That conversation led to a meeting with scientists from the California Academy of Sciences at the start of 2020 to discuss both relocation and revival strategies. Ben J. Novak, the lead scientist at Revive & Restore, asked the CAS scientists whether there was a way to bring back a blue butterfly that would fill both the ecological and the evolutionary roles of the Xerces blue. The academy has a collection of 400 Xerces blue specimens.
In December of last year, Revive & Restore gave an $18,000 grant to the CAS scientists to support the sequencing of the genomes of both the Xerces blue and the silvery blue to determine whether and precisely how the species are related.
If the CAS researchers are able to extract the genome of the Xerces—something that is not yet certain, though early experiments have been promising—it will be the first step toward figuring out what Xerces actually was. Whether it was a subspecies or a separate species from butterflies such as the silvery blue remains unknown. “The first and foremost thing would be to find that it was mostly similar to something that is local and nearby,” says Durrell Kapan, a senior research fellow at the academy.
Even if the CAS team determines that the Xerces was closely related to the silvery blue, the genetic engineering necessary to revive Xerces has not yet proved successful, acknowledges Novak. While much progress has been made in understanding the function of the so-called paintbrush genes that govern the patterns and colors of butterfly wings, more fundamental “germline editing” to make alterations heritable will be required to bring back an extinct Xerces blue, he says.
Such an advance will be necessary to complete the arc defined by the “We are as gods…” proclamation that opened the Whole Earth Catalog. In his 2009 book, Whole Earth Discipline: An Ecopragmatist Manifesto, Brand revised his declaration to read “We are as gods and HAVE to get good at it.”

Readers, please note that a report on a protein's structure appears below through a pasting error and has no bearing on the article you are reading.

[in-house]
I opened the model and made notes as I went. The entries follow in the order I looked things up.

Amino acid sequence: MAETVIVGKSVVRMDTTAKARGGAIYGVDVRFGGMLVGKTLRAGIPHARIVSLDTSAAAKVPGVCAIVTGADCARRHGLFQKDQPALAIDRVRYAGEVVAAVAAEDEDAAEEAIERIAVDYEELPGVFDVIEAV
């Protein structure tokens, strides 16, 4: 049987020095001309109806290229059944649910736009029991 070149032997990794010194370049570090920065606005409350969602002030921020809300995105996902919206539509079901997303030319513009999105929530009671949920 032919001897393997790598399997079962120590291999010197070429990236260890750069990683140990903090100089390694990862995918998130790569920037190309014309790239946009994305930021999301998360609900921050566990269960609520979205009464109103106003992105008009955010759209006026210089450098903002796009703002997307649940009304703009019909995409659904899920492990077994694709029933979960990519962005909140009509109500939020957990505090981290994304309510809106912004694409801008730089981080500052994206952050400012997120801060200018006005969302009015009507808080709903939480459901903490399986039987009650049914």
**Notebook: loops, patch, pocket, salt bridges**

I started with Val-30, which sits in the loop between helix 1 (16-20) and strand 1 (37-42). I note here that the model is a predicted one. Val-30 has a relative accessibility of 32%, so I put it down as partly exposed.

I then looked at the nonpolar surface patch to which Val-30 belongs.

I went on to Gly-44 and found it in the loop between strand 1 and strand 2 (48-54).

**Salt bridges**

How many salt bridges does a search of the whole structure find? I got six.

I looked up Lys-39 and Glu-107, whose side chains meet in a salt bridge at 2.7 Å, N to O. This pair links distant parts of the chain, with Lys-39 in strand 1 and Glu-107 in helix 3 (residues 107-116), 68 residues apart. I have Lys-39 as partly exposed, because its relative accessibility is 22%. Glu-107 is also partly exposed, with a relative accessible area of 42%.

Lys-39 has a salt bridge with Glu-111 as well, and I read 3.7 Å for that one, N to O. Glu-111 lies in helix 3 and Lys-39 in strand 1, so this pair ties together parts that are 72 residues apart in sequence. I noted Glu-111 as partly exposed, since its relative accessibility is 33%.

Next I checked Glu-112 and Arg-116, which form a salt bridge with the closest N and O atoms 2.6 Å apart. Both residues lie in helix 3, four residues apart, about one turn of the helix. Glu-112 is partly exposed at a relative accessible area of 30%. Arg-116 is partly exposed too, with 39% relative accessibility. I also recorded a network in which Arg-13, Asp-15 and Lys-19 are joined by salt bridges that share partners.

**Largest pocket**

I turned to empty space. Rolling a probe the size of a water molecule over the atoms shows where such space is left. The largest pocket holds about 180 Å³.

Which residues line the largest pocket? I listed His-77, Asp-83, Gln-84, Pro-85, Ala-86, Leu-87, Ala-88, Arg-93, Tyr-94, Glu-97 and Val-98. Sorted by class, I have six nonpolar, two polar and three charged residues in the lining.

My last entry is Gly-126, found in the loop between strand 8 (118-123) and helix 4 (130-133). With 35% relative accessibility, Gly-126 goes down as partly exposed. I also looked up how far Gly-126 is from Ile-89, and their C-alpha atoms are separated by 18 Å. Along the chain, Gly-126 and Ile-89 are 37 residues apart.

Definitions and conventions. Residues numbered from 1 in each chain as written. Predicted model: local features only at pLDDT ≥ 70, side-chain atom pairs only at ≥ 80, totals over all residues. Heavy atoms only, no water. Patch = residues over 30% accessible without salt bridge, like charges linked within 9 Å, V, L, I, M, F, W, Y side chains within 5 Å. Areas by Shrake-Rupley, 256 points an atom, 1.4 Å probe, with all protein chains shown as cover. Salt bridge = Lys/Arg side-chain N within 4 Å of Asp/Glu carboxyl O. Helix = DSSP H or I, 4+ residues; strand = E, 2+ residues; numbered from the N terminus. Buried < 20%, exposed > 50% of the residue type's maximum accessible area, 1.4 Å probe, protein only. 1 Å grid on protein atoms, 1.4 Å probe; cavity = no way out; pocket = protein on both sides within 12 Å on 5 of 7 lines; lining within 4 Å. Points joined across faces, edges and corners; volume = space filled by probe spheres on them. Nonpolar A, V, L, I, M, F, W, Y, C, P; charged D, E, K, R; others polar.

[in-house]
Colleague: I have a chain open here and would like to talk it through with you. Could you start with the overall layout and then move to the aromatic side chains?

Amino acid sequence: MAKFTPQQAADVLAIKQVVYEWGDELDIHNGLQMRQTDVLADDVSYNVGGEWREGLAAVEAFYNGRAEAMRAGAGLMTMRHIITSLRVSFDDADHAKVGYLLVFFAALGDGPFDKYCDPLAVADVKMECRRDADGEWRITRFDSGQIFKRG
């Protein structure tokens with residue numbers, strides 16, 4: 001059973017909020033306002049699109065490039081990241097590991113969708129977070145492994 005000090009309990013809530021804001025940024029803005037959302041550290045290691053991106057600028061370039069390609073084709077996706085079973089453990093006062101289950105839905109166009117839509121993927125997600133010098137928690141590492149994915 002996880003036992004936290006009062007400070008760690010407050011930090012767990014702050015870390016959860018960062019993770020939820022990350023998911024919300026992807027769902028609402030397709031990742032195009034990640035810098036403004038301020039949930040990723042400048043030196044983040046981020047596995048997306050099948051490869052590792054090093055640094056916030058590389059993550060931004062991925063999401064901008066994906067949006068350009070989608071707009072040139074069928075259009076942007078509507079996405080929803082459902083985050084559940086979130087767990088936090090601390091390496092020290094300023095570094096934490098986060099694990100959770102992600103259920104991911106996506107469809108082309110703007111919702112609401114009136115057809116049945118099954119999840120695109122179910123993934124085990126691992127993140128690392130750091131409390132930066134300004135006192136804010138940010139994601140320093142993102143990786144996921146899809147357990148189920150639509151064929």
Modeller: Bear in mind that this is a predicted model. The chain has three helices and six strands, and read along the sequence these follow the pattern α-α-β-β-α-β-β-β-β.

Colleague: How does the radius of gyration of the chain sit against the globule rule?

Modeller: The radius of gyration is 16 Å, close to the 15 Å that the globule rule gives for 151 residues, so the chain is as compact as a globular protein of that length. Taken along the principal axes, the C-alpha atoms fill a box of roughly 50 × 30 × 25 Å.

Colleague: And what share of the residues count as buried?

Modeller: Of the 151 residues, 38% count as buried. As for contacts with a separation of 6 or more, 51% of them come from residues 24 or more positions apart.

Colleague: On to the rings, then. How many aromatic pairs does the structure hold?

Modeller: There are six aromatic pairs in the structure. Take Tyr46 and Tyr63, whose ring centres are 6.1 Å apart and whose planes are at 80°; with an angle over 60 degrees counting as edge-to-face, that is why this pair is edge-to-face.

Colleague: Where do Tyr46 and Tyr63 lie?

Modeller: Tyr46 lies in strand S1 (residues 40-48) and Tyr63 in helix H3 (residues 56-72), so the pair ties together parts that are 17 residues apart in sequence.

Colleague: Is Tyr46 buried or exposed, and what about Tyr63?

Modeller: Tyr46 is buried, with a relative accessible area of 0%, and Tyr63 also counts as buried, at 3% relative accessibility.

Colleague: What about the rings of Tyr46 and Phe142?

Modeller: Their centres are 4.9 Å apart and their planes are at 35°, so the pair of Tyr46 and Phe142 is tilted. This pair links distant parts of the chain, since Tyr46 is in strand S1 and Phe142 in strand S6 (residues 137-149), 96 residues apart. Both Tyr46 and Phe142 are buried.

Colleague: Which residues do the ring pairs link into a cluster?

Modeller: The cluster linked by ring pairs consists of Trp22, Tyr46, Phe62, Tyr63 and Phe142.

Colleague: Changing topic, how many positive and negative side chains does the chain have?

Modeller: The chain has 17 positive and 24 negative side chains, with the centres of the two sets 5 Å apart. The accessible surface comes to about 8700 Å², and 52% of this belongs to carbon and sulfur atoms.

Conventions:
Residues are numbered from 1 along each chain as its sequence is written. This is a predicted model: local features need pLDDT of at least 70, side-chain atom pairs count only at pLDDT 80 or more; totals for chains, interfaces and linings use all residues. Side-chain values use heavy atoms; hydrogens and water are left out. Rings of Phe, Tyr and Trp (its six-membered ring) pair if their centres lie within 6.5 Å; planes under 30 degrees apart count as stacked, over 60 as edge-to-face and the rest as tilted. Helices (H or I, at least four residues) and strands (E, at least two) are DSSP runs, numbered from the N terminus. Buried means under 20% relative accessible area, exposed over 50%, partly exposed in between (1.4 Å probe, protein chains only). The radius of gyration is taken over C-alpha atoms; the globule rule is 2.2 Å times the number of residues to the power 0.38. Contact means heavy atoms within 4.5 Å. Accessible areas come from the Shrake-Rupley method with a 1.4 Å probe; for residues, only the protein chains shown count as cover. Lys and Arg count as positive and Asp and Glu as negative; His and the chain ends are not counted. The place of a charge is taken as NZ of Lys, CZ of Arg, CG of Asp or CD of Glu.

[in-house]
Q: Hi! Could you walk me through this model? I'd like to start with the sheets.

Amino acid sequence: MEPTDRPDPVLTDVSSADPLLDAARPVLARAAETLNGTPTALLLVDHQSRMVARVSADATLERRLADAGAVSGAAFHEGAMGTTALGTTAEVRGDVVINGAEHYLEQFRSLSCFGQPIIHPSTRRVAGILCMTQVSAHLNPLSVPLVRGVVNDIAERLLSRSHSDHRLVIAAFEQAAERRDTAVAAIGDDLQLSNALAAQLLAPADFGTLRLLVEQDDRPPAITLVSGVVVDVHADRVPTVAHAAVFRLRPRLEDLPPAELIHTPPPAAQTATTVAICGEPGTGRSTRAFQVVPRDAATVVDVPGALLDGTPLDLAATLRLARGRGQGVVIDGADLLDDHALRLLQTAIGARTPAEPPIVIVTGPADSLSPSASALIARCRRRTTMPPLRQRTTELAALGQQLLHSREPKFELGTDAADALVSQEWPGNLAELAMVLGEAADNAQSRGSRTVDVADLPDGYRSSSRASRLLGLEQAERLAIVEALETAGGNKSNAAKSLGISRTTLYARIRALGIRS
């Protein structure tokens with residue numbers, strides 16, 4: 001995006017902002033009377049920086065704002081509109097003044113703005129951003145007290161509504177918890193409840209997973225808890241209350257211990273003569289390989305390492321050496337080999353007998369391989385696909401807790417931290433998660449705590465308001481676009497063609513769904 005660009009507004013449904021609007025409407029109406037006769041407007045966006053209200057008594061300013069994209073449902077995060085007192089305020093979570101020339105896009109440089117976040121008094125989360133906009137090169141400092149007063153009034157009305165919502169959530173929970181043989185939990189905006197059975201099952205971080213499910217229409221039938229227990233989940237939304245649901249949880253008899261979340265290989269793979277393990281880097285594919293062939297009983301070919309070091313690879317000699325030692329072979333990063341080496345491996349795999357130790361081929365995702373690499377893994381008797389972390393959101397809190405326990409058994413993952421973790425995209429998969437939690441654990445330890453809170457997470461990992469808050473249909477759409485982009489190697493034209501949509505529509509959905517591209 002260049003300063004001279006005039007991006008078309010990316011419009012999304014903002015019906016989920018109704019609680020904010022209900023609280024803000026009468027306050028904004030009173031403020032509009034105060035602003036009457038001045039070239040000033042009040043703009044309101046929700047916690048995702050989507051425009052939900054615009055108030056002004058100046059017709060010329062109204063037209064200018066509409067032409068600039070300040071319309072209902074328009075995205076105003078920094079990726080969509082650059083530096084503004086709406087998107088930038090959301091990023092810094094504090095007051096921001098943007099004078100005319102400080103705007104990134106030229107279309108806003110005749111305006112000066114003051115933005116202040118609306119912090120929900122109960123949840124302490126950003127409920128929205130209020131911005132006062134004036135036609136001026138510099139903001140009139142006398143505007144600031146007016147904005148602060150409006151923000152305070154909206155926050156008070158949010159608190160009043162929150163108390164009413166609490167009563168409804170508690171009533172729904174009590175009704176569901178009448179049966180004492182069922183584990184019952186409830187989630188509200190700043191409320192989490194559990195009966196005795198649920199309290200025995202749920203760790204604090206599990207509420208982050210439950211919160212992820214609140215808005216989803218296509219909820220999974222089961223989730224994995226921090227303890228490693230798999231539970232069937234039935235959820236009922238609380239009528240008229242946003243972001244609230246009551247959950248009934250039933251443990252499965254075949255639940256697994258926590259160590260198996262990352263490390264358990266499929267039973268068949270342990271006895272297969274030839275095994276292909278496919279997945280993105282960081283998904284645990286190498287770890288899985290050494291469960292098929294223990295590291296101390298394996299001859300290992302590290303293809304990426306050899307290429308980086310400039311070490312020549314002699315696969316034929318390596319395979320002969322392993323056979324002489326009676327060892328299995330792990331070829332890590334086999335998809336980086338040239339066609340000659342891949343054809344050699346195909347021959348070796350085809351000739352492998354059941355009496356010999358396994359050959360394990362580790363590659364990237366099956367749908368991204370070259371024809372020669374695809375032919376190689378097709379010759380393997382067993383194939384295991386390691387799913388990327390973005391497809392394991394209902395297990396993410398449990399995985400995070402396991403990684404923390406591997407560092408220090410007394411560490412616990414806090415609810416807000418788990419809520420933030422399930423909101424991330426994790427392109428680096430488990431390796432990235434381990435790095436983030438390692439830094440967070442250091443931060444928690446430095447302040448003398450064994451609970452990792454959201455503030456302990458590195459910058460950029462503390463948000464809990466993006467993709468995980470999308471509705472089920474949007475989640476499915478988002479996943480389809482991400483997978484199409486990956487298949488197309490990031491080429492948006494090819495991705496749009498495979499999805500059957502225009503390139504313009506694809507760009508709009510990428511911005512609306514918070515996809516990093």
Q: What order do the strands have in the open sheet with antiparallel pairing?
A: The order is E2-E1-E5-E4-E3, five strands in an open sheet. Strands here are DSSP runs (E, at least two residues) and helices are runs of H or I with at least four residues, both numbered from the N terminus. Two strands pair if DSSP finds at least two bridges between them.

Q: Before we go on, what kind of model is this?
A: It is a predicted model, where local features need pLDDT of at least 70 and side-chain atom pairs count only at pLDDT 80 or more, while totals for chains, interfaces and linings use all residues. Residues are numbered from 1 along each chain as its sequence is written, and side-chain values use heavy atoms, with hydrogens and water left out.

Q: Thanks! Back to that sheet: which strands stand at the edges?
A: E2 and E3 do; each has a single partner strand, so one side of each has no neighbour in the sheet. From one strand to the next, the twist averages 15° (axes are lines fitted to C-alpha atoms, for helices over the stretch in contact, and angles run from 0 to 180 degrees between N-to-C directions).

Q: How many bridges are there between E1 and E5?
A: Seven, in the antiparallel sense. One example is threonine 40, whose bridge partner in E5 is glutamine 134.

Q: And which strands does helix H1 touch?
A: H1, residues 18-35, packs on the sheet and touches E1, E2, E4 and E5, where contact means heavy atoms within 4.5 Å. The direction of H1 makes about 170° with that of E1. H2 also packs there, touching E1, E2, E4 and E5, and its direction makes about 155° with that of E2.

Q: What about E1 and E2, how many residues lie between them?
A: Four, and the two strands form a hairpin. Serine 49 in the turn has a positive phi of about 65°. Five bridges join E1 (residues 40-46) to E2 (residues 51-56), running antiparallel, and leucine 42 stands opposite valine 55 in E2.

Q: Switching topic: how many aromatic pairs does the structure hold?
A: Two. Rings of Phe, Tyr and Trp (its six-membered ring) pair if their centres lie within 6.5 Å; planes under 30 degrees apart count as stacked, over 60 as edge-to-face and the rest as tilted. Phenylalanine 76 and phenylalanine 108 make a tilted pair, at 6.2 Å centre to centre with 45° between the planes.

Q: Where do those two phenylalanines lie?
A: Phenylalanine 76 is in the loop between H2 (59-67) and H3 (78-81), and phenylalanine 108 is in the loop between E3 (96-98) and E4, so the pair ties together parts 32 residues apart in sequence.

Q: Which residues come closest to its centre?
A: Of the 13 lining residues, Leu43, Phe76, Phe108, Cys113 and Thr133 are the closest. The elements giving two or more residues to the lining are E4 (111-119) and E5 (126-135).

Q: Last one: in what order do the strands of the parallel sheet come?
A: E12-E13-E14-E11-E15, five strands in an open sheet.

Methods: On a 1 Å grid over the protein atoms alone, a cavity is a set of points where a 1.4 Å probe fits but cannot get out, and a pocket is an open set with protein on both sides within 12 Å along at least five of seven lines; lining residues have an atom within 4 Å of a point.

The proposed revival of Xerces illustrates Brand and Phelan’s pragmatic approach, a literal evocation of the butterfly effect, which suggests the possibility that the smallest change in the environment can have an immense and nondeterministic effect. The phrase comes from the work of meteorologist Edward Norton Lorenz. While running a computer program that simulated weather patterns, he made a tiny alteration in an initial value and found that it generated a completely different output.
That led to the notion that a tornado might trace its origin to the flapping of a distant butterfly’s wings weeks earlier—perhaps those of a Xerces.
To combat concern about unintended outcomes, last year Revive & Restore organized a symposium focused on the “intended consequences” of conservation. Research done by Novak, Phelan, and Michele Weber, the director of conservation innovation at Revive & Restore, found no “harmful unintended consequences” resulting from 1,013 conservation relocations. The proceedings of the conference will be published in a special issue of the journal Conservation Science and Practice this spring.
Brand’s sense of urgency is broadly shared, even by those who have been skeptical of de-extinction. When he was a biology student at Stanford in 1960, his mentor was Paul R. Ehrlich, the well-known population biologist. Ehrlich has argued that de-extinction consumes resources that could be used on more urgent conservation tasks.
Yet, he acknowledges that as a symbol, a revived Xerces blue would have value. “I think trying to restore some butterfly populations, while of utter insignificance in today’s big picture, is more useful than many activities,” Ehrlich says. “It could add a small dollop of useful knowledge.”
Indeed, individual conservationists have put forward multiple answers to the question of why we might want to revive the Xerces blue, ranging from science to philosophy to aesthetics. For Liam O’Brien, a San Francisco–based lepidopterist who launched a project to create a corridor connecting different areas in the city that are habitats for the coast green hairstreak butterfly, the importance lies in creating the human experience of seeing butterflies that were once extinct come back to life, a notion that he learned from Robert Michael Pyle.
“A lot of species are hanging on by their fingertips,” O’Brien says, “but we have this material sitting in drawers that might be able to help us bring a butterfly back. I think that’s something we ought to try.”•